Fundamentally, a union of states is in trouble when any federal action is predicated on consent from the governor of the largest state. The U.S. Senate was proposed precisely to give the smaller states a means to thwart the domination of a few large ones in legislating at the federal level. The European Council’s qualified majority vote mechanism and the unanimity requirement on “big ticket items” such as taxation permit a supermajority of states to reject the proposal of a few large ones. The U.S. House of Representatives and the European Parliament offer no such avenue for small states because those chambers are based solely on population. California and New York, and France and Germany, can through their peoples’ representatives have great clout in those bodies. Therefore, bicameral (i.e., two chambers) legislatures are distinctly advantageous at the federal level of a union of states.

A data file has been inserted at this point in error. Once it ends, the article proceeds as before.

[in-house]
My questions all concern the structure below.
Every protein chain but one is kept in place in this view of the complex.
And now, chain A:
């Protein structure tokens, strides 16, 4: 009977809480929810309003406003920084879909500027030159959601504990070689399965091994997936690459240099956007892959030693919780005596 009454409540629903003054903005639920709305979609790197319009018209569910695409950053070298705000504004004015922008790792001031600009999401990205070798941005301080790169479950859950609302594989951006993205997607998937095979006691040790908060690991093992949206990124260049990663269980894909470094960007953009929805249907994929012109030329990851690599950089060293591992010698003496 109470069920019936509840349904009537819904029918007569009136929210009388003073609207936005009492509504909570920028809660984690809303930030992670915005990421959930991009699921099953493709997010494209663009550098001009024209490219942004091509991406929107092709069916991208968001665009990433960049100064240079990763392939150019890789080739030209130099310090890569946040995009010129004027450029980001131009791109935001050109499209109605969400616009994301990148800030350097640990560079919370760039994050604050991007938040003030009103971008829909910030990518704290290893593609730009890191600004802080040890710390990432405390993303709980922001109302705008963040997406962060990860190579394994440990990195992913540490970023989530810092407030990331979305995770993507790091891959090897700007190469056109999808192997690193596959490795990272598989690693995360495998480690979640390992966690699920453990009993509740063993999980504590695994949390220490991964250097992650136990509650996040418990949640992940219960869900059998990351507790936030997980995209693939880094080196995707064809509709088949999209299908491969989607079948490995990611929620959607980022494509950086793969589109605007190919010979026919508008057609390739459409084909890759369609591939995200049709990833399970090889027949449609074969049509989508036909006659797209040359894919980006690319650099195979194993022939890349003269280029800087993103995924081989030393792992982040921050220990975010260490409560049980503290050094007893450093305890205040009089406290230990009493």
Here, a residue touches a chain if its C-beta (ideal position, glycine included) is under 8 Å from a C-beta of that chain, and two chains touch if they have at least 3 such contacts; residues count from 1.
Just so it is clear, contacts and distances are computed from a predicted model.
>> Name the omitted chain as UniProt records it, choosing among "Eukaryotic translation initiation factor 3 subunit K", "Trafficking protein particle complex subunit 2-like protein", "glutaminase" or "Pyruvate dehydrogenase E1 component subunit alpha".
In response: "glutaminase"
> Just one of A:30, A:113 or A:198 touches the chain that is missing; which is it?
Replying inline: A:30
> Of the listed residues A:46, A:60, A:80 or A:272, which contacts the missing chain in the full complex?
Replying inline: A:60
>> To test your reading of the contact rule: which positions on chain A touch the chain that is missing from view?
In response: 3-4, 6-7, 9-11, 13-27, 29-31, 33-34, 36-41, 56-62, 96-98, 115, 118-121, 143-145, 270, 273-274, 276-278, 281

I suspect that the lesson has been lost on many Americans, who have not bothered to study their own history. As for Europeans, whom I as an American so much admire, I suspect that the problem is a mix of denial as to the E.U. being a federal system rather than a mere alliance or common market. Europeans thus leave themselves vulnerable to informal political dynamics, such as informal pressure from a large state on smaller ones, exacerbating the stress points in federalism. After all, no political design is perfect. Lest federalism be presumed to be tantamount to a central government dominating those of the states, the divisions of competencies can be made, on parchment at least, such that the state governments retain most (but not all!) of the governmental sovereignty in the federal system. However, as the case of the U.S. in the twentieth century demonstrates, de facto political consolidation is a danger even if the parchment is said to guard against it. Even so, this danger does not justify the denial that leaves Europe so vulnerable as it steers its Union ahead almost purblind among icebergs.